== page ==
"Few are opposed to evidence-based medicine. What’s the alternative? Ignorance-based medicine? Hunches? However, the real world applicability of evidence-based medicine (EBM) is frequently overstated. Our ideal research model is the randomized controlled trial, where studies are conducted with carefully selected samples of patients to observe the effects of the medicine or treatment without additional interference from other conditions. Unfortunately, this model differs from actual medical practice because hospitals and doctors’ waiting rooms are full of elderly patients suffering from several co-morbidities and taking about 12 to 14 medications, (some unknown to us). It is often a great leap to apply findings from a study under “ideal conditions” to the fragile patient. So wise physicians balance the “scientific findings” with the several vulnerabilities and other factors of real patients. Clinicians are obliged to constantly deal with these messy tradeoffs, and the utility of evidence-based findings is mitigated by the complex challenges of the sick patients, multiple medications taken, and massive unknowns."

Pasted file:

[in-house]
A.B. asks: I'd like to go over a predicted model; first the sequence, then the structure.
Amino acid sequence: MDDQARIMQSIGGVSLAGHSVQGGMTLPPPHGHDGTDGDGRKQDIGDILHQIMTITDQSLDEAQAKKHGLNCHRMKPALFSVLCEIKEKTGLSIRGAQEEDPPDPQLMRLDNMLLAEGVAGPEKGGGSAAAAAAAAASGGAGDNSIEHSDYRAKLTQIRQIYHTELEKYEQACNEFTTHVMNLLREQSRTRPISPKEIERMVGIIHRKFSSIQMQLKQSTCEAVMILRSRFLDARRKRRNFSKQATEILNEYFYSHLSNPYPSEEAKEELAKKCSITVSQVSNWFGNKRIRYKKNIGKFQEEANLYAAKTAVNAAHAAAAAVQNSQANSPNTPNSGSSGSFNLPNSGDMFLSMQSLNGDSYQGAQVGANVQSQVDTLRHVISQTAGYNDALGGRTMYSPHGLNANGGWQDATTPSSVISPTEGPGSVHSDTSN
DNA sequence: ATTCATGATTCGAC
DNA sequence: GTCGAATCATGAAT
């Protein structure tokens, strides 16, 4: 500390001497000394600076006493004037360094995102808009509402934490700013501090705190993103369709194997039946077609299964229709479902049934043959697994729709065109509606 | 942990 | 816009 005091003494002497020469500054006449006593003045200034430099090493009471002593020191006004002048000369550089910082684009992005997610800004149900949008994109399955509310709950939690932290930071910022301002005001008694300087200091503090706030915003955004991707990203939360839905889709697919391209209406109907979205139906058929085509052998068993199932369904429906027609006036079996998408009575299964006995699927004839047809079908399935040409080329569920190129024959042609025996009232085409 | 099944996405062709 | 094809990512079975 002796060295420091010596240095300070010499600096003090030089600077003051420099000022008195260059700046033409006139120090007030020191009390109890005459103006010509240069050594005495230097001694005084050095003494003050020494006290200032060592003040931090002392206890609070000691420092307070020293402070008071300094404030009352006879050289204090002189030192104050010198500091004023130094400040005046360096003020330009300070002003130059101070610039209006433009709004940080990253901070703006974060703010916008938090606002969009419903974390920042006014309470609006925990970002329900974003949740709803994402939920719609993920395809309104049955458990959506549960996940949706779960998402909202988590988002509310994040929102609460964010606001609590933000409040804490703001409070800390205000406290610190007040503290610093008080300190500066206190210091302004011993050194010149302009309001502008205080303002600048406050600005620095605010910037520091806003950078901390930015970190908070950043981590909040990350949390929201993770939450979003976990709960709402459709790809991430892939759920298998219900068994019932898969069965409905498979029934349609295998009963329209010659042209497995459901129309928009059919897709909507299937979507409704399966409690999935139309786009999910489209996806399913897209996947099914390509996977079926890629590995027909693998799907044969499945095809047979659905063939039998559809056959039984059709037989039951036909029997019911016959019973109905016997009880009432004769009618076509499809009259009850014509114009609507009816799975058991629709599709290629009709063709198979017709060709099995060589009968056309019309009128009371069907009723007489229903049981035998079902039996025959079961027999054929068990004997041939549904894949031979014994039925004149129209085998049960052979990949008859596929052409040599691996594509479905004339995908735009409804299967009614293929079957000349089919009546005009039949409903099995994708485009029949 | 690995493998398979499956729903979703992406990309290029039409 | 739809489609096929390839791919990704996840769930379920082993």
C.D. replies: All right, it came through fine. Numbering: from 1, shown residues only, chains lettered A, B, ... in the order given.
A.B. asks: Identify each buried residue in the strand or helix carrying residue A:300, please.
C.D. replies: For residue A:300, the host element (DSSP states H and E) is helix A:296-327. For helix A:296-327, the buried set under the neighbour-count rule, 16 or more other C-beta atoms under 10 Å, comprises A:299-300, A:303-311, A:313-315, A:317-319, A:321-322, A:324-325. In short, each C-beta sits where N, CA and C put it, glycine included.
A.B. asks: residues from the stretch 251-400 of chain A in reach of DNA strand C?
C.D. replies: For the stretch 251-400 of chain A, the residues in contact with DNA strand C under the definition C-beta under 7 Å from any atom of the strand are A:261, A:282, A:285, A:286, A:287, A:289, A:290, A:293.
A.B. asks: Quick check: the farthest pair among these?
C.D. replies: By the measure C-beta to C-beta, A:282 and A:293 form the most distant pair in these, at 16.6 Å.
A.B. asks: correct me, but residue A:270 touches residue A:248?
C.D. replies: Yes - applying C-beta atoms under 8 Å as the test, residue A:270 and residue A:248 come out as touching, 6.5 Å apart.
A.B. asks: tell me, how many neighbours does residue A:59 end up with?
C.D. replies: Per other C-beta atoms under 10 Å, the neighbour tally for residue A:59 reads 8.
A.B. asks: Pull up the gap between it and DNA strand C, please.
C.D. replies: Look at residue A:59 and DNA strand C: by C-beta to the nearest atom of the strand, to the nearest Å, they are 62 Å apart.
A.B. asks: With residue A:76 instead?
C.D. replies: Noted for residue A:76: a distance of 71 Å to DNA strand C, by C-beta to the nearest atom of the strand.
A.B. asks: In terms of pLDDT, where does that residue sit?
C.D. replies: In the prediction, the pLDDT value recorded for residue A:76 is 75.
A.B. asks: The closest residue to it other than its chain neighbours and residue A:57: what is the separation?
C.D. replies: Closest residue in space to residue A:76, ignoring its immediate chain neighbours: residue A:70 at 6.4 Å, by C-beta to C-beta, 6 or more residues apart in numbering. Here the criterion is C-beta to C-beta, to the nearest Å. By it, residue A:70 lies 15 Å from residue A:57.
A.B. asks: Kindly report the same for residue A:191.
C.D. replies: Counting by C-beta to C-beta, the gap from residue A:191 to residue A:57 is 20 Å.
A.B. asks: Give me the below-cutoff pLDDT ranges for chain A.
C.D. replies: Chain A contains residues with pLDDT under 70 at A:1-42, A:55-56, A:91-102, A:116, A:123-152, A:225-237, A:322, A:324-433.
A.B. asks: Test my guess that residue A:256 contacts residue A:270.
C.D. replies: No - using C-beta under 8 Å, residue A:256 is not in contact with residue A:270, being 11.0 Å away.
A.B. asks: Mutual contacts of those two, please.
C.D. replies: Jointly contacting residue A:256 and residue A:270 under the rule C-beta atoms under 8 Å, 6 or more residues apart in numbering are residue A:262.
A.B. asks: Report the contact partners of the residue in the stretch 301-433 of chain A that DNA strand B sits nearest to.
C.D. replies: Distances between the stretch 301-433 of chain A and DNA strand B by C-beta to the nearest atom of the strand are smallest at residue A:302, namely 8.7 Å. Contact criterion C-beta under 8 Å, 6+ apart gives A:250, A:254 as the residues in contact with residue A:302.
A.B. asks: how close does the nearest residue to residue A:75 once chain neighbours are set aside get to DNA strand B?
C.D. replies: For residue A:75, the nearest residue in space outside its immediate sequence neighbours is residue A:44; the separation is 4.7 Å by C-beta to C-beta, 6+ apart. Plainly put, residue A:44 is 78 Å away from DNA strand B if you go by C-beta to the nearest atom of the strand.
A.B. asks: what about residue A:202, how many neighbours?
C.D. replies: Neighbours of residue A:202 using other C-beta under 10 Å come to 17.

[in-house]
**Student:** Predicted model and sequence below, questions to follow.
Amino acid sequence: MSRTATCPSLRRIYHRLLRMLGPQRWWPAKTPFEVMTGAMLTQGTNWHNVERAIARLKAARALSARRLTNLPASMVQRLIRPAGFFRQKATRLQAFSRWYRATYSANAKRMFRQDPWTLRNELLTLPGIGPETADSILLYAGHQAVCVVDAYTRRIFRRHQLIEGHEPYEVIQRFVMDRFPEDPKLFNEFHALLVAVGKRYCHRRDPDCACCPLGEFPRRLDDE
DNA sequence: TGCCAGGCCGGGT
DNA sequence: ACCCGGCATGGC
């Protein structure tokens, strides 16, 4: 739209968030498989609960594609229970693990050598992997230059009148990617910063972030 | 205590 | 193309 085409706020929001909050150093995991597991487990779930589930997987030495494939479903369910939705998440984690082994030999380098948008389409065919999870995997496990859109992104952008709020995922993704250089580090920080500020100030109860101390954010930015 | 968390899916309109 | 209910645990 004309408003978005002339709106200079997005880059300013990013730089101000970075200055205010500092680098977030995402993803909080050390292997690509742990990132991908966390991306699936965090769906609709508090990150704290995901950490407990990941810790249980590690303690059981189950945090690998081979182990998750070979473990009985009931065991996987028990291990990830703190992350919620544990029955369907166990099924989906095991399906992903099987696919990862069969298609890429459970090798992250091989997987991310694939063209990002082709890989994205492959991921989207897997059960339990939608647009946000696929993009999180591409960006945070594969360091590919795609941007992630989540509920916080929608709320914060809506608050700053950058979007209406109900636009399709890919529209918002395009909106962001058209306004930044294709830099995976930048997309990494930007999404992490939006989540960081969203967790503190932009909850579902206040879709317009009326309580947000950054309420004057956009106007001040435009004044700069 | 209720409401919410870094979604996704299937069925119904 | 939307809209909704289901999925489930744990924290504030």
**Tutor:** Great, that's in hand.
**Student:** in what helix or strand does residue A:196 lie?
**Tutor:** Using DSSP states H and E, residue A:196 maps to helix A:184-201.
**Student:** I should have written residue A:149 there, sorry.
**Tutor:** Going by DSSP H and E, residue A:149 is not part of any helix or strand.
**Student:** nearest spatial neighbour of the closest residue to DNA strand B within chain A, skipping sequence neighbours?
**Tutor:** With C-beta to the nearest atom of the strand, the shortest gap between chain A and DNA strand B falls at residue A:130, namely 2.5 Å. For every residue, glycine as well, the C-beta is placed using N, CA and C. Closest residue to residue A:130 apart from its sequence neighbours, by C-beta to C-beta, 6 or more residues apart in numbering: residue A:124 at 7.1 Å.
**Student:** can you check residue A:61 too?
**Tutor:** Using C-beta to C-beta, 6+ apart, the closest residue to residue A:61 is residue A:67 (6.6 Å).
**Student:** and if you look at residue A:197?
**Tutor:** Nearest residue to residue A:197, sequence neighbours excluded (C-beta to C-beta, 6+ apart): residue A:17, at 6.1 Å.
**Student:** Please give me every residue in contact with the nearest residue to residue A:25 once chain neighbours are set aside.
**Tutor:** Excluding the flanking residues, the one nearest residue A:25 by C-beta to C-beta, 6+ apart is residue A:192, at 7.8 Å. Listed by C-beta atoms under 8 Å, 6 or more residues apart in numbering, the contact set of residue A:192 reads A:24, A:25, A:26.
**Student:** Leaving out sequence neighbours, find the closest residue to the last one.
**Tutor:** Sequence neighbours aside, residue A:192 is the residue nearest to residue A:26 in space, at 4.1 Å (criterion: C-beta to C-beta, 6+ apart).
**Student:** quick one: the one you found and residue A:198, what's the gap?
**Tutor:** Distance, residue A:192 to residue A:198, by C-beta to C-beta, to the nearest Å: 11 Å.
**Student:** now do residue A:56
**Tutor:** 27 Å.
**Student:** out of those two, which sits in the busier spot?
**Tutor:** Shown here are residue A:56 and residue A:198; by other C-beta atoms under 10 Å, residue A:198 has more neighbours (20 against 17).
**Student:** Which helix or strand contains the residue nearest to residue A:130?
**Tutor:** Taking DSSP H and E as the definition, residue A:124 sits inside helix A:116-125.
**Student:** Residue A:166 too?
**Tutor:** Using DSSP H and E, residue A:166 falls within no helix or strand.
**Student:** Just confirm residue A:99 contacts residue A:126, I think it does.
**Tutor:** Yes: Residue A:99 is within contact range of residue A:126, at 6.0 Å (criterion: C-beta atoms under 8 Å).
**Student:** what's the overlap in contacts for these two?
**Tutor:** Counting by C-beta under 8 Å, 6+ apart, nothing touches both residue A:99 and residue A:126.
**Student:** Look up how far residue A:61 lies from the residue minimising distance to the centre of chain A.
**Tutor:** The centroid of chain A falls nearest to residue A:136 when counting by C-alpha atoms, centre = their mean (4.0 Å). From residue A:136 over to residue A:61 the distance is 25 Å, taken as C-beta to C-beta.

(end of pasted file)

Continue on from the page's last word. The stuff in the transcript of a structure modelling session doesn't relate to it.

But you are proposing that physicians consider the individual physician deals with the individual social determinants of health of each patient in providing indivualized care.

That goes against the global belief that only a population based fixed grand scheme can fix the SDOH, which only central care provide.
May 24, 2015 | Unregistered CommentermovingforwardOntario
Those FP's whose primary loyalty is to their patients as opposed to the state may well have a Rolodex full of off shore health facilities: